Overall, above studies investigate impact of shaded modules on solar PV array’s operation as well as role of bypass diode. However, the location of shaded modules which can affect to the PV system’ characteristic shape is not emphasized. Furthermore in reality when solar irradiation reduces, the temperature drops accompany so different levels of solar irradiation under shading condition needs to be investigated with varying temperature but it is not provided in above studies.

A proposed model is developed with Tag tools in Simulink environment. This model is based on the fundamental circuit equations of solar array considering effect of physical and environmental parameters so it indicates advantages in studying the role of these parameters on PV array’s working characteristics.

The relationship between varying location of shaded modules and PV system’s characteristic shape is investigated.

The impact of shading condition accompany with varying temperature on PV array’s working characteristics is also investigated.
Methods
Modeling of solar PV module in Matlab/Simulink
Solar cell, array equivalent circuit
The voltage and current characteristic equation of a solar cell is provided as: (Tu and Su 2008; Salmi et al. 2012).
Modeling of solar PV array in Matlab/Simulink
Base on Eqs. from (1) to (6), a model of solar module is developed by using Tag tools in Simulink environment. The model includes six cells connected in series and it is given in Figs. 3 and 4.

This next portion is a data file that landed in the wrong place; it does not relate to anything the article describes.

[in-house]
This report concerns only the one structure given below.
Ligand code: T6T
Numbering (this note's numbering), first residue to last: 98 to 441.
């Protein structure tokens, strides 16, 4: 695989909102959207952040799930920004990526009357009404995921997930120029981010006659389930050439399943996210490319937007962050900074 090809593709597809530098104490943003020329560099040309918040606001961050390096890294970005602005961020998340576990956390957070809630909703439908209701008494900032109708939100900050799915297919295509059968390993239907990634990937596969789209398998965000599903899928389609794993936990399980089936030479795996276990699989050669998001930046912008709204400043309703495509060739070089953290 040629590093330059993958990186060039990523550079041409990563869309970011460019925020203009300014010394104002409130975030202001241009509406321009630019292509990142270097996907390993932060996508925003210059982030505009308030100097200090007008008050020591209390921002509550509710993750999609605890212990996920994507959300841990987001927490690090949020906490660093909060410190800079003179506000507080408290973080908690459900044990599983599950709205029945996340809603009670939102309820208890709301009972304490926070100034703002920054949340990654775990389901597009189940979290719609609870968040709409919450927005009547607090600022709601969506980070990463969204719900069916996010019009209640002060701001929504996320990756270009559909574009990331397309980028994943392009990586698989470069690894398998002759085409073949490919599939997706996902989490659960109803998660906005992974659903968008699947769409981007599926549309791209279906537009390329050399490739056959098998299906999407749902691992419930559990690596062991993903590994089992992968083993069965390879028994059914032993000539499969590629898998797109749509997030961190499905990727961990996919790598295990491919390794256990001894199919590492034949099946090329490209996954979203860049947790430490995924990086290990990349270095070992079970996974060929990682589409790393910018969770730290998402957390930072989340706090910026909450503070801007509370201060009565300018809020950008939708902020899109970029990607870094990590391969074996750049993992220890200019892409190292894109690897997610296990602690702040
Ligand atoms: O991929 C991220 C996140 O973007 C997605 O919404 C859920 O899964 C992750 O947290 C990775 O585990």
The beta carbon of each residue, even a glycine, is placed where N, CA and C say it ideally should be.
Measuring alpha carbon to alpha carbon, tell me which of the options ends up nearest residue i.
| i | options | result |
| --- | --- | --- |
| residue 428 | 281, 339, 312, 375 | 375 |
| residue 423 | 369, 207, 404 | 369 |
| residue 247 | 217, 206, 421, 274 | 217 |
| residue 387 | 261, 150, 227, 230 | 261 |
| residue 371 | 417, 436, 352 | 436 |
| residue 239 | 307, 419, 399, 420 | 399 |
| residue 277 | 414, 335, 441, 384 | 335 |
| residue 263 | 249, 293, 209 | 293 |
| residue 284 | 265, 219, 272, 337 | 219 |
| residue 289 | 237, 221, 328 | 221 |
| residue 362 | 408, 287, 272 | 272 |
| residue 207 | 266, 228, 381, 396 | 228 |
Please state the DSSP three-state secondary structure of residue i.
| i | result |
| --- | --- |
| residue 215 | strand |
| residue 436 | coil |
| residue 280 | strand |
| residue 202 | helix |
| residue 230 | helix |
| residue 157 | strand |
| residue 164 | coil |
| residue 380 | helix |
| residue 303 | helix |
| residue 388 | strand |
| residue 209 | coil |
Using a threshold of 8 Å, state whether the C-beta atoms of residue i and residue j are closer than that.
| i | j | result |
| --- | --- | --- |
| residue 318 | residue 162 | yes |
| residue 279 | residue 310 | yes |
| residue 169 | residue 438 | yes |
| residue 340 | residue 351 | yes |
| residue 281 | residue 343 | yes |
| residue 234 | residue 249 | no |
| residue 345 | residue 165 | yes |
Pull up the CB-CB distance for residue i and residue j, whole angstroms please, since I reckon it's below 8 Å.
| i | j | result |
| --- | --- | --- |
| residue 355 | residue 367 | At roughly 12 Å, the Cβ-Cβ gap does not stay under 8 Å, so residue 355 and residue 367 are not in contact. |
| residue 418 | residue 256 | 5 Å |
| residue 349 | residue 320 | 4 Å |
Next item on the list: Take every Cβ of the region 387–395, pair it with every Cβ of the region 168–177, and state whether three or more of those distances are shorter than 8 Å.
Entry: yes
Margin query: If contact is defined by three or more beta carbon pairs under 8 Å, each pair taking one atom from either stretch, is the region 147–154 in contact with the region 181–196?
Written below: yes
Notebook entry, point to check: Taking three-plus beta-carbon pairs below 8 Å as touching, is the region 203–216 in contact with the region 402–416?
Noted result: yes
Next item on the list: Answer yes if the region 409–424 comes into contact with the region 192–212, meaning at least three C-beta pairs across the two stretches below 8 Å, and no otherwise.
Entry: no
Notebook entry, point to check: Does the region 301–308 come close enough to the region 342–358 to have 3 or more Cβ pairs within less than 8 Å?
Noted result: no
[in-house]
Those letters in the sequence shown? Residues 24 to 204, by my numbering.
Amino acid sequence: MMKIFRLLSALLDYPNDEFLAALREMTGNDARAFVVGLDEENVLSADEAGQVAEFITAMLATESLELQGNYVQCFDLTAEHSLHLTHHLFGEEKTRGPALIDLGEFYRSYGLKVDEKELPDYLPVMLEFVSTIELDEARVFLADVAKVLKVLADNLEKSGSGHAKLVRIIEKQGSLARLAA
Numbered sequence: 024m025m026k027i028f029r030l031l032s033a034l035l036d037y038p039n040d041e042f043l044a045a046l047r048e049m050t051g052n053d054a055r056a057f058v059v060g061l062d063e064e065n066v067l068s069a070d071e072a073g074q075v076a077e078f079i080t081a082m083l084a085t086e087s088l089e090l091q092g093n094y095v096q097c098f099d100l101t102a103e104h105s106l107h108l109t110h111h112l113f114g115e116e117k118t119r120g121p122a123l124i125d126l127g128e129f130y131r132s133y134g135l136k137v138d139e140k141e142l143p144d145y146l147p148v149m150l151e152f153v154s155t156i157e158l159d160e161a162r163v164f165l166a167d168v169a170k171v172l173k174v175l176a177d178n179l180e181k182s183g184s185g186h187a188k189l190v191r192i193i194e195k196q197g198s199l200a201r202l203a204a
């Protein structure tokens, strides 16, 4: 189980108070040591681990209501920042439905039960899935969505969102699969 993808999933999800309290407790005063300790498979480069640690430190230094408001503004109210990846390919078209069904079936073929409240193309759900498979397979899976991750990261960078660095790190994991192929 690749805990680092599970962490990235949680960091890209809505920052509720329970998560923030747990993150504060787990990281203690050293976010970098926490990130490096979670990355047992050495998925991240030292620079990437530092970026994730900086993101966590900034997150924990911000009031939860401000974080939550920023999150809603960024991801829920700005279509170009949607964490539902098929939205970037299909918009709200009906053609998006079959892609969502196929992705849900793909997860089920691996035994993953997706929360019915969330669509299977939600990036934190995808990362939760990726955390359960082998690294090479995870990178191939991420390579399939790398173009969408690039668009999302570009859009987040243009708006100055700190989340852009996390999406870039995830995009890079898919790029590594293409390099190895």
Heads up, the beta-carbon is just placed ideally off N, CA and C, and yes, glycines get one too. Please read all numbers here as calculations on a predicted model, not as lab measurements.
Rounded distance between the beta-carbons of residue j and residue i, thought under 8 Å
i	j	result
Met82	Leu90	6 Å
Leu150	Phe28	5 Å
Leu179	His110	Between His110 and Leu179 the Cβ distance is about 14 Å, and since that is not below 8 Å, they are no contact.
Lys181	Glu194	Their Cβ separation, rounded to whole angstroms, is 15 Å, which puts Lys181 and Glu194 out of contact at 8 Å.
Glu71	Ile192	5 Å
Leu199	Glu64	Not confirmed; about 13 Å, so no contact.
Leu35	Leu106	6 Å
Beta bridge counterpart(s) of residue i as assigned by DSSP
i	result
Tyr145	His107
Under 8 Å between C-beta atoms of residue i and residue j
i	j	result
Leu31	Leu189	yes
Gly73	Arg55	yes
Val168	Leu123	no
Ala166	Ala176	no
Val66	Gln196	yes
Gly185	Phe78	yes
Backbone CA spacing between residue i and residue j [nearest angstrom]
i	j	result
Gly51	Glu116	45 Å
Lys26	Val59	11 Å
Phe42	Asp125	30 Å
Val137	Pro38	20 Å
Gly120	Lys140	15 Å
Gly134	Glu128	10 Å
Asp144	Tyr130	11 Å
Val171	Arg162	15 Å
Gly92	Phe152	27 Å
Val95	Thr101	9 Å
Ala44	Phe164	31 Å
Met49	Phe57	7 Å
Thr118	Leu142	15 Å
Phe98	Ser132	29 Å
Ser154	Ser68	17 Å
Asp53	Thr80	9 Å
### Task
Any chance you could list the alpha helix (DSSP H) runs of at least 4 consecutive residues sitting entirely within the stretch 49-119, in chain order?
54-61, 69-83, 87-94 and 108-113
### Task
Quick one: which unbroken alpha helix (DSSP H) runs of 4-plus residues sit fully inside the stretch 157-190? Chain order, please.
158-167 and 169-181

Reference model
Electrical characteristics data of DS100 M PV module
Name  DS100 M 

Rated power (V_{mp})  100 W 
Voltage at Maximum power (V_{mp})  18 V 
Current at Maximum power (I_{mp})  5.55 A 
Open circuit voltage (V_{OC})  21.6 V 
Short circuit current (I_{SC})  6.11 A 
Total number of cells in series (N_{S})  36 
Total number of cells in parallel (N_{P})  1 
Maximum system voltage  1000 V 
Range of operation temperature  −40÷80 °C 
Case study
Effect of location and number of shaded modules
Case  Description 

1  No shaded PV module (full irradiation on solar PV array): 1000 W/m^{2} 
2  One shaded PV module: the position of shaded module changes from 1 to 6 respectively (shaded module has: Ir = 500 W/m^{2}, other modules in array have Ir = 1000 W/m^{2}) 
3  Two shaded modules with same irradiation level : 500 W/m^{2} and others have 1000 W/m^{2} Module 1 and 2 are shaded Module 1 and 3 are shaded Module 2 and 3 are shaded 
4  Three shaded modules with same irradiation level (500 W/m^{2}), varying position of shaded modules Module 1, 2 and 3 are shaded Module 1, 2 and 4 are shaded Module 2, 3 and 6 are shaded 
5  Three shade modules with different levels of irradiation: 500, 300 and 100 W/m^{2} Module 1, 2 and 3 are shaded Module 1, 2 and 4 are shaded Module 2, 3 and 6 are shaded 
Effect of partial shadow and operating temperature
Case  Description 

6  Modules 1, 2 and 3: 500 W/m^{2} and operating temperature: 25 °C, others have 1000 W/m^{2} (T = 25 °C) 
7  Modules 1, 2 and 3: 500 W/m^{2} but operating temperature: 15 °C, others have 1000 W/m^{2} (T = 25 °C) 
Effect of bypass diode
Case  Description 

8  Modules 2, 3 and 6 are shaded (Ir = 500, 300 and 100 W/m^{2} respectively), T = 25 °C; No bypass diodes for these three modules 
9  Modules 2, 3 and 6 are shaded (Ir = 500, 300 and 100 W/m^{2} respectively), T = 25 °C with bypass diodes for these three modules 
10  All modules are shaded (Ir = 100 W/m^{2}), T = 25 °C with bypass diodes 
Results and discussion
Effect of location and number of shaded modules
In case of 1 shaded module, the I–V curve were recorded with two steps while the P–V curve has two peaks and the highest peak point is tended to 60–65 % V_{OC} and belong to first step in the curve.
As can be seen from Figs. 6, 7 and 8, twosteps I–V curves are seen in cases of 2 and 3 shaded modules but in these cases peak points are recorded in second peak of the curves. Furthermore, these peak points belong to 80–85 % V_{oc}.
In case of 3 shaded modules, 4step curves are seen in Fig. 9 (case 5) and the peak point is given in the second step of the diagram.
Summary
 1.
When solar PV system is shaded partially, the power output decreases.